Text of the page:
Conserving this Nation’s fish and other aquatic resources cannot be successful without the partnership of Tribes; they manage or influence some of the most important aquatic habitats both on and off reservations. In addition, the Federal government and the Service have distinct and unique obligations toward Tribes based on trust responsibility, treaty provisions, and statutory mandates.
Alaska Native Subsistence Whaling Efforts Gets Boost from Alaska's Delegation in Washington
Alaska's delegation to Washington introduced legislation to both the House of Representatives and the Senate for Alaskan Native Whalers living in 11 Alaska communities. The Legislation requests timely issuance of catch limits for subsistence hunting of Bowhead Whales. The two companion bills would require that the Secretary of Commerce to set catch limits and issue subsistence whaling permits under the Whaling Convention Act if the International Whaling Commission fails to set limits for Bowhead Whales.
The action was taken by Alaska's Washington delegation because of the International Whaling Commission catch limits are set to expire at the end of this year. The U.S. is seeking a 6 year renewal of the current catch limits. They would be in effect from 2013 to 2018. Political differences may hamper acting on the request to extend the limits by the International Whaling Commission. The request for extension is set to be acted on by the Commission at the Panama meeting slated for July 2 through to July 6th. The Bill was sponsored by Senator Begich and co-sponsored by Senator Murkowski in the Senate and the companion bill was introduced by Representative Don Young in the House.
According to their released statements, the bill would:
- Streamline the process for the U.S. to issue catch limits under the Whaling Convention Act, which is the existing legislation to implement the treaty;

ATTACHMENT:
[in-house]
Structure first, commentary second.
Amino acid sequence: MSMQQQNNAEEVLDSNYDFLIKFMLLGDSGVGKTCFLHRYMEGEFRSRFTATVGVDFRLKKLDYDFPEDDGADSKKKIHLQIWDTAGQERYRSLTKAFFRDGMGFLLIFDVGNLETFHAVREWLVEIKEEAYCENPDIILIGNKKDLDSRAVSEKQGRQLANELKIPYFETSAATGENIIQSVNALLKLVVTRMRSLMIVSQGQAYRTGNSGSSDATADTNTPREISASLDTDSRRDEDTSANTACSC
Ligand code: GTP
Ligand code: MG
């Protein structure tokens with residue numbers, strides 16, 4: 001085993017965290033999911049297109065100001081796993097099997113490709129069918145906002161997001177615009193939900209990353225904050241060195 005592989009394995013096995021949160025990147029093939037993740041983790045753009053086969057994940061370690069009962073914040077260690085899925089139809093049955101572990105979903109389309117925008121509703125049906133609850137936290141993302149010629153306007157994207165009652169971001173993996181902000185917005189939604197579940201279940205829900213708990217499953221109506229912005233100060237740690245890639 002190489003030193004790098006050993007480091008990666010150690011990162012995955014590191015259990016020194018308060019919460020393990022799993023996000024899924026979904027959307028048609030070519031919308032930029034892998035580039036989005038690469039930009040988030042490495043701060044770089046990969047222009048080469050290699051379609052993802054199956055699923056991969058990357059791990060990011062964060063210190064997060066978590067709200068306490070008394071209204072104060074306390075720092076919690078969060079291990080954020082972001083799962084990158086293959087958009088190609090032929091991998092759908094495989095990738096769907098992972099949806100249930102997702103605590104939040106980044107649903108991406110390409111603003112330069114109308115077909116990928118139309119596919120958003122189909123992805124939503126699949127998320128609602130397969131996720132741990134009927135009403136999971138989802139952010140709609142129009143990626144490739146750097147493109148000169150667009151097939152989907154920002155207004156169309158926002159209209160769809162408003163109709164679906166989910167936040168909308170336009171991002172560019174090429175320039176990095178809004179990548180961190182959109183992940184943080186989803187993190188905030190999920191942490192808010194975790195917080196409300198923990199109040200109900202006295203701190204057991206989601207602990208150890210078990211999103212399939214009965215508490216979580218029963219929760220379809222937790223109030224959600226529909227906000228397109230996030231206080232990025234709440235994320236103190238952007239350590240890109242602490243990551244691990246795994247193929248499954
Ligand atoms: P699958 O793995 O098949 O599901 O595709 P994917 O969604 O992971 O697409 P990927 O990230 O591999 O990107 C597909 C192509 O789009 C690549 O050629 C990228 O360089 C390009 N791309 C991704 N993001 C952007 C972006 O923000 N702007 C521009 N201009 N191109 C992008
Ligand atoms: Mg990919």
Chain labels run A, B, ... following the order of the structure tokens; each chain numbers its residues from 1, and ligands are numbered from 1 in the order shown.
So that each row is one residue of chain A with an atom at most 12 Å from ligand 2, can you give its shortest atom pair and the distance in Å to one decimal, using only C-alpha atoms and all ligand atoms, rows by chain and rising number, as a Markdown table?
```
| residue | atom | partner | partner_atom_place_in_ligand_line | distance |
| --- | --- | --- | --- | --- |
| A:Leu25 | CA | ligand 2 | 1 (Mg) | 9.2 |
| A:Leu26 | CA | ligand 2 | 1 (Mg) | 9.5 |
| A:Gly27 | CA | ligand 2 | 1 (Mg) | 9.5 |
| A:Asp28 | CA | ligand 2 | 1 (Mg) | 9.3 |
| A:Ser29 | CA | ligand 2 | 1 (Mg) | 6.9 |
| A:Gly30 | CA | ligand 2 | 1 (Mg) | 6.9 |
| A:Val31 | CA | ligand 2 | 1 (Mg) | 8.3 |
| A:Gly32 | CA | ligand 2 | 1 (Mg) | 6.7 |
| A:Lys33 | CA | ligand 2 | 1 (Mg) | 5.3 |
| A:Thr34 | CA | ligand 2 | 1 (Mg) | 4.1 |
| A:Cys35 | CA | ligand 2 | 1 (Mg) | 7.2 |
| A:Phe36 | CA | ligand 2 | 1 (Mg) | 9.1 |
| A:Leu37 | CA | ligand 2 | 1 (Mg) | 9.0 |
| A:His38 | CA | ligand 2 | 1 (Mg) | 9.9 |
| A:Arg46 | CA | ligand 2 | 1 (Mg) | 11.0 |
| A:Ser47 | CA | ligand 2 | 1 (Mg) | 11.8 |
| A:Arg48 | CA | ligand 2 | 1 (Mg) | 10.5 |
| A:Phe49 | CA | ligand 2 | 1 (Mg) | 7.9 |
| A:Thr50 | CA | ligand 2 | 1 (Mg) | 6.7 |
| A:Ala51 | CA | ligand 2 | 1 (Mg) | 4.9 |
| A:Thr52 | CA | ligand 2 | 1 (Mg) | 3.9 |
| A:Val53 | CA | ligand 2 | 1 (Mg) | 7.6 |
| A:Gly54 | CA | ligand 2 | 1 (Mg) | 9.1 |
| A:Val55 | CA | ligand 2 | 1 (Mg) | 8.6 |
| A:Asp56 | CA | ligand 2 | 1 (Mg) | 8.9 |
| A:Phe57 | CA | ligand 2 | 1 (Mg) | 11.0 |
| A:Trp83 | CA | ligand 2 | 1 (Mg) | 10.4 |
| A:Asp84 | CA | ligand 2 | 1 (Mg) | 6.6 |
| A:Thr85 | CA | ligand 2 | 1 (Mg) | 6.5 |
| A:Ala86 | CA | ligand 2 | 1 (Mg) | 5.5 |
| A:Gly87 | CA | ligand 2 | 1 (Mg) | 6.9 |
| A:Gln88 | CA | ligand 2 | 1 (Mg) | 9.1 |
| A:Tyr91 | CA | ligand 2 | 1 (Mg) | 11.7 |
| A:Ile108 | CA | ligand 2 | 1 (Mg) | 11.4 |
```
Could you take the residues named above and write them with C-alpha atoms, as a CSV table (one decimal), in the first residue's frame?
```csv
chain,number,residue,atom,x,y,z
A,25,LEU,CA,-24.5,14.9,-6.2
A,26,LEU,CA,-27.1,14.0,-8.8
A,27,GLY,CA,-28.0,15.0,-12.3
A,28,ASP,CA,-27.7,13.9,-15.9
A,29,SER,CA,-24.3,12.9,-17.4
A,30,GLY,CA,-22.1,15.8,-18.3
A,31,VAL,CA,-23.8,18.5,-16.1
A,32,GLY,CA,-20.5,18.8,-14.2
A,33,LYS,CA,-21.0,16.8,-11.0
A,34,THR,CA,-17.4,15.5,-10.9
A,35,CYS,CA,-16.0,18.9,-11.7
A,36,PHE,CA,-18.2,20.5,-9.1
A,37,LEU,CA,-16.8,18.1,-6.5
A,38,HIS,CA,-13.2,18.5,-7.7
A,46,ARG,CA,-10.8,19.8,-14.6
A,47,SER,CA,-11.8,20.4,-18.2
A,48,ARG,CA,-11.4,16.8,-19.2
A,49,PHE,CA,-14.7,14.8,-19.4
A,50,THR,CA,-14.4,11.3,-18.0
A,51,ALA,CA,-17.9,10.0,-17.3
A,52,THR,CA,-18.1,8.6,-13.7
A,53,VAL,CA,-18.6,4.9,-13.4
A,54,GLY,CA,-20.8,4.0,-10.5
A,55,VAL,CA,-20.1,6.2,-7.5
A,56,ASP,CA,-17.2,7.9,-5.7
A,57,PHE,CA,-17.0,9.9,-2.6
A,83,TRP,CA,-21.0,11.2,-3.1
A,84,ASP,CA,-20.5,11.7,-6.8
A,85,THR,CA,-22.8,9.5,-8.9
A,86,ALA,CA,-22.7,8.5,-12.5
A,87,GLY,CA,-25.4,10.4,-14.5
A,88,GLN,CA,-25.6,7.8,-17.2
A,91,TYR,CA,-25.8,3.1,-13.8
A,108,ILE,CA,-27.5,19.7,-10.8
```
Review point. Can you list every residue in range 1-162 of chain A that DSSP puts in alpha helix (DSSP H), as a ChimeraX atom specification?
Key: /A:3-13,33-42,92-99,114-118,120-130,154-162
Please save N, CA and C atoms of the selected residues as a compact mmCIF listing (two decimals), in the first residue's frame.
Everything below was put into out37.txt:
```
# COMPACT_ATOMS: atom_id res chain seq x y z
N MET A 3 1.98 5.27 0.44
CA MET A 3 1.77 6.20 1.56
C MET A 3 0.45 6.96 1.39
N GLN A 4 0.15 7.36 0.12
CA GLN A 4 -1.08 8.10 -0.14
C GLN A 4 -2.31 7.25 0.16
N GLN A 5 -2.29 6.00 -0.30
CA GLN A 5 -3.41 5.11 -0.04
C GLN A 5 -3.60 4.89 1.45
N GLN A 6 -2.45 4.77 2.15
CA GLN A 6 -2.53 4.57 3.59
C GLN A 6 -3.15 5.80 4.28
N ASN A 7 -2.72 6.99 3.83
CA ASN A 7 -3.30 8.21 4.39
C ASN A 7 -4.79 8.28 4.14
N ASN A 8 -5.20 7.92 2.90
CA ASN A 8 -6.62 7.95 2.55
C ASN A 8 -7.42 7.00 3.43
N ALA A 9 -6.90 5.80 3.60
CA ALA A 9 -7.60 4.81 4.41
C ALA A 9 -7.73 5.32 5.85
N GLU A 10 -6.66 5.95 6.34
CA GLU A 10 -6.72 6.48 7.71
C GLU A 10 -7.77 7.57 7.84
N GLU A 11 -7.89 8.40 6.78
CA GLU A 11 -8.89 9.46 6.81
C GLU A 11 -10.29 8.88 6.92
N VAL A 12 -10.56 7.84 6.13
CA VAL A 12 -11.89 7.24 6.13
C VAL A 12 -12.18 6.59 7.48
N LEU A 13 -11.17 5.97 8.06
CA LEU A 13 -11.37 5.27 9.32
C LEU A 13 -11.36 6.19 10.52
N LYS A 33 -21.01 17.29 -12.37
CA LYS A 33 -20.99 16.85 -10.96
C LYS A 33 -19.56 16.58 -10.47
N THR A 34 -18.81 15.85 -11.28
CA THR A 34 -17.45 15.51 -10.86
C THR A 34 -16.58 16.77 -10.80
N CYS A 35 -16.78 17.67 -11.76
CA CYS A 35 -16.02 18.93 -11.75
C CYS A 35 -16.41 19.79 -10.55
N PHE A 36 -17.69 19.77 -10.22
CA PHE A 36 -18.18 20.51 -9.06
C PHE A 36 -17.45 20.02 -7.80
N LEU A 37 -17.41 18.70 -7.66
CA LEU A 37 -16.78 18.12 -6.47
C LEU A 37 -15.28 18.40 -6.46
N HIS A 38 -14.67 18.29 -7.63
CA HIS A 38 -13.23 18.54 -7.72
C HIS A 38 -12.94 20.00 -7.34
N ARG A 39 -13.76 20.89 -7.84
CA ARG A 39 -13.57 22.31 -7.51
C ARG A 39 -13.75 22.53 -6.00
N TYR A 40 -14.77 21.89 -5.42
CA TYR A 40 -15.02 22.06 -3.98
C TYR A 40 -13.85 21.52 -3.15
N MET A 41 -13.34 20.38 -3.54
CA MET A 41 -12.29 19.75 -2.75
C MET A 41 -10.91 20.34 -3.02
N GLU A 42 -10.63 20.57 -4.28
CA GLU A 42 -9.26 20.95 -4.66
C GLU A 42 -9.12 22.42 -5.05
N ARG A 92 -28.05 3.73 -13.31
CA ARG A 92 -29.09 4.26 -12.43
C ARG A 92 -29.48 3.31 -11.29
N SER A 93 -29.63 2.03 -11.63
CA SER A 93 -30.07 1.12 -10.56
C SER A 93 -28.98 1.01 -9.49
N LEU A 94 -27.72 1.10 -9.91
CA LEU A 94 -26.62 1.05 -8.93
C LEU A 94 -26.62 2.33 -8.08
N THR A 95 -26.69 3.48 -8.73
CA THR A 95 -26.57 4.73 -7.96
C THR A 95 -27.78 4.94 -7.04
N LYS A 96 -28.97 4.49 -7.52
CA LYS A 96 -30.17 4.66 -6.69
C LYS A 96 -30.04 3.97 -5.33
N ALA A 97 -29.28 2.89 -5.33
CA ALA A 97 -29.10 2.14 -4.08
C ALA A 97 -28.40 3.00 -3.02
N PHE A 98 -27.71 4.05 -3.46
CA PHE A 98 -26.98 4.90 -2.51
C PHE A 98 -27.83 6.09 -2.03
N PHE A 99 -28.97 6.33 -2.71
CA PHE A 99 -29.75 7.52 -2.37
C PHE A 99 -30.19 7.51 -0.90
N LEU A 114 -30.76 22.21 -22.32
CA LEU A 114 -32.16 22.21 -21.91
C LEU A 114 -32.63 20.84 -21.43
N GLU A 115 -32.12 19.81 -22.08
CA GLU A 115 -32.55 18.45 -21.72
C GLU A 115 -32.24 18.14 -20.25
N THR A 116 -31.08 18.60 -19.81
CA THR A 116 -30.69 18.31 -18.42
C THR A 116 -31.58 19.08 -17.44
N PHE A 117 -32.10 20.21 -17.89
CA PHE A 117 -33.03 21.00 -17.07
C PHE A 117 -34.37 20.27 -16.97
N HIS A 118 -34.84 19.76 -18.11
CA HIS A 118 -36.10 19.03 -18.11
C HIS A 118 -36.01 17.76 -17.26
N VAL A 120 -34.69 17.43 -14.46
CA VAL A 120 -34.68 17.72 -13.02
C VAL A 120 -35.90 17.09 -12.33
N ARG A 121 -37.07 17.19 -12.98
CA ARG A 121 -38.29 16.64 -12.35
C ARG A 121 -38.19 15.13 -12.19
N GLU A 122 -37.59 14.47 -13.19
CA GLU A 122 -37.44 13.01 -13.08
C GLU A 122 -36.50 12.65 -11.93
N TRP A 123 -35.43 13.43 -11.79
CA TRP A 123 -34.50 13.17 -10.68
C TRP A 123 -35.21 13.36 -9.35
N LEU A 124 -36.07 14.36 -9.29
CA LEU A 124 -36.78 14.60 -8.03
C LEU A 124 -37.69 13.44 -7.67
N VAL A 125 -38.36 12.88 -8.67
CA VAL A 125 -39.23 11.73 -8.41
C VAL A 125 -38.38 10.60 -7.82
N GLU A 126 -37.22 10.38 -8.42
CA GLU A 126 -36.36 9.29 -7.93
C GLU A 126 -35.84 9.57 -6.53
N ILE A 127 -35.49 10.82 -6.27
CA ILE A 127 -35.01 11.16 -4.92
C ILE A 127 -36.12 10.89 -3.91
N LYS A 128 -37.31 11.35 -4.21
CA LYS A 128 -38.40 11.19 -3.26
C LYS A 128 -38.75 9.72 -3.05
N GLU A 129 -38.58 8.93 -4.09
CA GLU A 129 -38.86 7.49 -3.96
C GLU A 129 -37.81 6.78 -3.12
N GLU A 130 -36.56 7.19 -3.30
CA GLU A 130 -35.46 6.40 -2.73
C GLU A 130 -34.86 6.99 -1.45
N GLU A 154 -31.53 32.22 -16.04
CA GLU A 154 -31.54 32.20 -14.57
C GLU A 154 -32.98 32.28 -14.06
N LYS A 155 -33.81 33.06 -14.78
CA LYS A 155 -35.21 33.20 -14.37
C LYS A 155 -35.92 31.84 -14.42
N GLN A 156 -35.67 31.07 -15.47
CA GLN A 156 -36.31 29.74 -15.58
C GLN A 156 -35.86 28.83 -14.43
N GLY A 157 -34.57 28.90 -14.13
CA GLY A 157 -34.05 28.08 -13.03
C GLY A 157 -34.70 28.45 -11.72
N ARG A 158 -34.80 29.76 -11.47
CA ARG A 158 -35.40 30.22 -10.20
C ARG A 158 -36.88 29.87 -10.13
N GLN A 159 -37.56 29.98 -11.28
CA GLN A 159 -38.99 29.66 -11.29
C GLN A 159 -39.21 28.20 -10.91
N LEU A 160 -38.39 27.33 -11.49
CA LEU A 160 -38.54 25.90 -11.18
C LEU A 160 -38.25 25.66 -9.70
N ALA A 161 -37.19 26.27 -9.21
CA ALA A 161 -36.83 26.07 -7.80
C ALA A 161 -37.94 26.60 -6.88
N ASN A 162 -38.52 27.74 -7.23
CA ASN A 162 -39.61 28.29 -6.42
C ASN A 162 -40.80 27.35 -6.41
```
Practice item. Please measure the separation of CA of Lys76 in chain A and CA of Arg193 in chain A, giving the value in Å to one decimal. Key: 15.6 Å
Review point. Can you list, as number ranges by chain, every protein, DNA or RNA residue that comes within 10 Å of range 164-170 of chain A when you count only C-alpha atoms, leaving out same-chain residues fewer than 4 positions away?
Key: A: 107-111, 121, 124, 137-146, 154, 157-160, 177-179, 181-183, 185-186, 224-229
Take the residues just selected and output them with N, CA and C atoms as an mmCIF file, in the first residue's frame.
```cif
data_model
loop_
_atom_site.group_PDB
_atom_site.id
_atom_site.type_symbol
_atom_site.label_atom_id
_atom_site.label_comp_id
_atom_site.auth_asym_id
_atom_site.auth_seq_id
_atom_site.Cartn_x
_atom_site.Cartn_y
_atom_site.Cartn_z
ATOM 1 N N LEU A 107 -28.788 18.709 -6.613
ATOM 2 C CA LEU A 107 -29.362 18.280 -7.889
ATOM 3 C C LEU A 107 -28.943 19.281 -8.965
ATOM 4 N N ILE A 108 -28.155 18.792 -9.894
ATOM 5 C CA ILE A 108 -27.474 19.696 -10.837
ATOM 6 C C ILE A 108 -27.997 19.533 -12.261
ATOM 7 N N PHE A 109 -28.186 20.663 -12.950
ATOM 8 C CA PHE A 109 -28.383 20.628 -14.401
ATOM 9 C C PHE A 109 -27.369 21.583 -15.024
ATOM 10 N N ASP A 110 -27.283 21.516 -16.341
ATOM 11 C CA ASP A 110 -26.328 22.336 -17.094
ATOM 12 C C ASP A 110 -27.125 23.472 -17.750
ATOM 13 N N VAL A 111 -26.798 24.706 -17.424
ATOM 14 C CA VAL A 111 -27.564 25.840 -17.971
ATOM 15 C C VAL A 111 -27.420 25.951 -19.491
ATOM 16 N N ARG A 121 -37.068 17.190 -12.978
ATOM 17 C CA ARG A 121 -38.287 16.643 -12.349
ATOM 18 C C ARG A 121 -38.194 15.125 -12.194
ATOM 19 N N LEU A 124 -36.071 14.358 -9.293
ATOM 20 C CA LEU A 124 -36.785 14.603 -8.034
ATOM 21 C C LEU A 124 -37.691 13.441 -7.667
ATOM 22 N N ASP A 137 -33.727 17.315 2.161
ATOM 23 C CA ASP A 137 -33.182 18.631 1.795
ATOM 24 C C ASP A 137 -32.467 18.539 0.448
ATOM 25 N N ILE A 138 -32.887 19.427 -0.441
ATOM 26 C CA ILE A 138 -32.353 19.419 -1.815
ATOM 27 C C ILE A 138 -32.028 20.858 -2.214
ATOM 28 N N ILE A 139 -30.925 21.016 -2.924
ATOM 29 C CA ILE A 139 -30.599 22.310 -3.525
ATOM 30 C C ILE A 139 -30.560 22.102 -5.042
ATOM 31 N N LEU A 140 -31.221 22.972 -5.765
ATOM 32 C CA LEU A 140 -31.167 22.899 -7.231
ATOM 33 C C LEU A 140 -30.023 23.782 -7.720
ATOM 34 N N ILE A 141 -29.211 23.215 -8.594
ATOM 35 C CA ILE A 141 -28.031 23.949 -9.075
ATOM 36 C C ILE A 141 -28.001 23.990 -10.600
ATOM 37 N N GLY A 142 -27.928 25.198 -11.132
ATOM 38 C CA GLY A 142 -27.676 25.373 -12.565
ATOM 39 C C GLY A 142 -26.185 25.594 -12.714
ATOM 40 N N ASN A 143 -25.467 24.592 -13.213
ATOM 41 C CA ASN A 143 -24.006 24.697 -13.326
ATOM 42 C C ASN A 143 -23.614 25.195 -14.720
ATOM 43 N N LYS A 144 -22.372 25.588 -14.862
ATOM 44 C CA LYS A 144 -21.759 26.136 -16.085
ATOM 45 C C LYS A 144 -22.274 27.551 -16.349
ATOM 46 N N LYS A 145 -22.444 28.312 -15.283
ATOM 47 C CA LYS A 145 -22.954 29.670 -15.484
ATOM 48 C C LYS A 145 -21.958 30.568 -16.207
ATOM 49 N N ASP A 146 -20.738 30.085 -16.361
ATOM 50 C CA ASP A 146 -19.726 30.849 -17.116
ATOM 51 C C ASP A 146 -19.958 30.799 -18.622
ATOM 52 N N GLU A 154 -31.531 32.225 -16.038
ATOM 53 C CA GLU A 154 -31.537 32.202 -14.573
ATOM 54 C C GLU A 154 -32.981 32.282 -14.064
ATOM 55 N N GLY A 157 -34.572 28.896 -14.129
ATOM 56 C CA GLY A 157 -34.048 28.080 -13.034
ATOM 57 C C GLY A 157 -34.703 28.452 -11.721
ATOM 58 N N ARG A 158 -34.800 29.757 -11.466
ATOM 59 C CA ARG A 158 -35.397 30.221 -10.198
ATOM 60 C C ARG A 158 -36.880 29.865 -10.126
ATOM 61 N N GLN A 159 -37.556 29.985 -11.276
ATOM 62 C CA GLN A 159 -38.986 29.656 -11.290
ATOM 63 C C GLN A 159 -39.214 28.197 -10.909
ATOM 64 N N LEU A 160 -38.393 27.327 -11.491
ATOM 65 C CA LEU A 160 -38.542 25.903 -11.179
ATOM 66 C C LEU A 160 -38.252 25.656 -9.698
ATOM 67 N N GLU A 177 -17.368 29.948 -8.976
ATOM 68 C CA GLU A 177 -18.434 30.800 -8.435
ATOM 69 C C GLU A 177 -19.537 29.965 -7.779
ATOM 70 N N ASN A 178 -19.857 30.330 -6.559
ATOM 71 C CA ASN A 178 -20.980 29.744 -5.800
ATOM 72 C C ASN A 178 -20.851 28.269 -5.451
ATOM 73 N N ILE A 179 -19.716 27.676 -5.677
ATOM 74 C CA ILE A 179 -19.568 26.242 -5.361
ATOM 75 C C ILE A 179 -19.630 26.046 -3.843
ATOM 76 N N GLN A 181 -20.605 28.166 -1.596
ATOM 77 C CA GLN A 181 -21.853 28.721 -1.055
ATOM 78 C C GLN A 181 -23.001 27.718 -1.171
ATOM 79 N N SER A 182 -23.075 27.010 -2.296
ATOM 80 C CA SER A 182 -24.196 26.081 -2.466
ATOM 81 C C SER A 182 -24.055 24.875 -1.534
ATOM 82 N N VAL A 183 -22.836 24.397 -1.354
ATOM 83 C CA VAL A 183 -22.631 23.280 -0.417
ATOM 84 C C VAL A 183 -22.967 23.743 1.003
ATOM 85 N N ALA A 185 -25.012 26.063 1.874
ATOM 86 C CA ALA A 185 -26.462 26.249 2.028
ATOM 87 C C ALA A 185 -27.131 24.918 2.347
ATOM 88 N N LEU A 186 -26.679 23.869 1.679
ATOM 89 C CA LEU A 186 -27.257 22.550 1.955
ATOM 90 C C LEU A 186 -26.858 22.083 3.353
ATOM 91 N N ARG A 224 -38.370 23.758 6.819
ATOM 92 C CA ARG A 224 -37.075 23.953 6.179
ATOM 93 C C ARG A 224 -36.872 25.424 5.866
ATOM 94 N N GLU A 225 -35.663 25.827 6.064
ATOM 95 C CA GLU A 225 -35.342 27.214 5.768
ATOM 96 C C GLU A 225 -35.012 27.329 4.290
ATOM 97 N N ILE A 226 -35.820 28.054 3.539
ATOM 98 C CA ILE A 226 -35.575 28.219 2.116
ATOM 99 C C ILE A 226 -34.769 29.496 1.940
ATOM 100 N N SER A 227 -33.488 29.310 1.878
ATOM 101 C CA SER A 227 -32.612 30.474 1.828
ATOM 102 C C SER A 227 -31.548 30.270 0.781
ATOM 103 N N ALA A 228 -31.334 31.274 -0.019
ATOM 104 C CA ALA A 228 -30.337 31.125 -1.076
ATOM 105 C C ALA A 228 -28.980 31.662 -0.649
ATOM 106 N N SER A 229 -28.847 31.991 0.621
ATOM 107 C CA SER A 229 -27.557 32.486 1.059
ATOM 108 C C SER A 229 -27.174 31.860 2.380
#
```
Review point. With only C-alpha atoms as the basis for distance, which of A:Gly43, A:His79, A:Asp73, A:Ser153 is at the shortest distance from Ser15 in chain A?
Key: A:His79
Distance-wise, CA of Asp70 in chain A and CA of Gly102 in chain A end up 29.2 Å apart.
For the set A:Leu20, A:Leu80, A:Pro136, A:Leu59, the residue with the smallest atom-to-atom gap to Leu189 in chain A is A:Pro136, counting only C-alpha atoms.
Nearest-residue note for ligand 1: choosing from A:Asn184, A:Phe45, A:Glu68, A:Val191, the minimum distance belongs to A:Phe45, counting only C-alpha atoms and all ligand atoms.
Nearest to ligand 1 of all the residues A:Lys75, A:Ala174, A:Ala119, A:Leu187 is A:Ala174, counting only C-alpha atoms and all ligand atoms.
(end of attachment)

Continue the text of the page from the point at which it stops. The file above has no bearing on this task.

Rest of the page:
- Ensure that any catch limits set by the U.S. are limited to the level set in the need statement provided by the U.S. to the IWC, are sustainable based on the most recent review of the bowhead stock by the IWC’s Scientific Committee, and comply with all treaty requirements;
- Require the U.S. to continue to seek IWC adoption of catch limits, even after such limits are set under this legislation, thus ensuring continued compliance with all IWC practices.
“There can be no compromise on meeting the nutritional needs of the Inupiaq residents of the North Slope and if the IWC is unable to extend the subsistence catch limits, the U.S. government must be prepared to do so,” said. Sen. Begich, chairman of the Commerce Committee’s Subcommittee on Oceans, Atmospheres, Fisheries and Coast Guard. “This would be in harmony with existing scientific standards and other provisions of the whaling convention and puts the world community on notice that the U.S. is prepared to act to ensure the subsistence needs of our residents are met.”
“This legislation is needed to ensure that the remote Alaska communities that depend on bowhead whales for food do not experience any interruption of their subsistence hunts due to government inaction,” said Sen. Murkowski, co-chair of the Senate Oceans Caucus and member of the Senate Indian Affairs Committee. “These communities sit on the north and northwest coast of Alaska. They’re remote, have no road access and few nutrition options. Harsh conditions and minimal infrastructure make air and water transportation unreliable. Catch limits that would be set under this legislation are necessary as a matter of food security for whaling communities.”
“The science shows that the bowhead stock is growing and that Alaska Eskimos have been responsible stewards of the resource. We are not going to let IWC politics result in our Alaska communities being denied access to their traditional food source,” said Rep. Young. The IWC is the body created by the International Convention for the Regulation of Whaling, a 1946 treaty that the US has ratified and was instrumental in negotiating. If the IWC fails to act on the US request, the treaty still allows for aboriginal subsistence whaling on bowhead whales, but without numeric limits set by the IWC the US would have to determine how many whales can be taken annually to meet subsistence need as required under the treaty.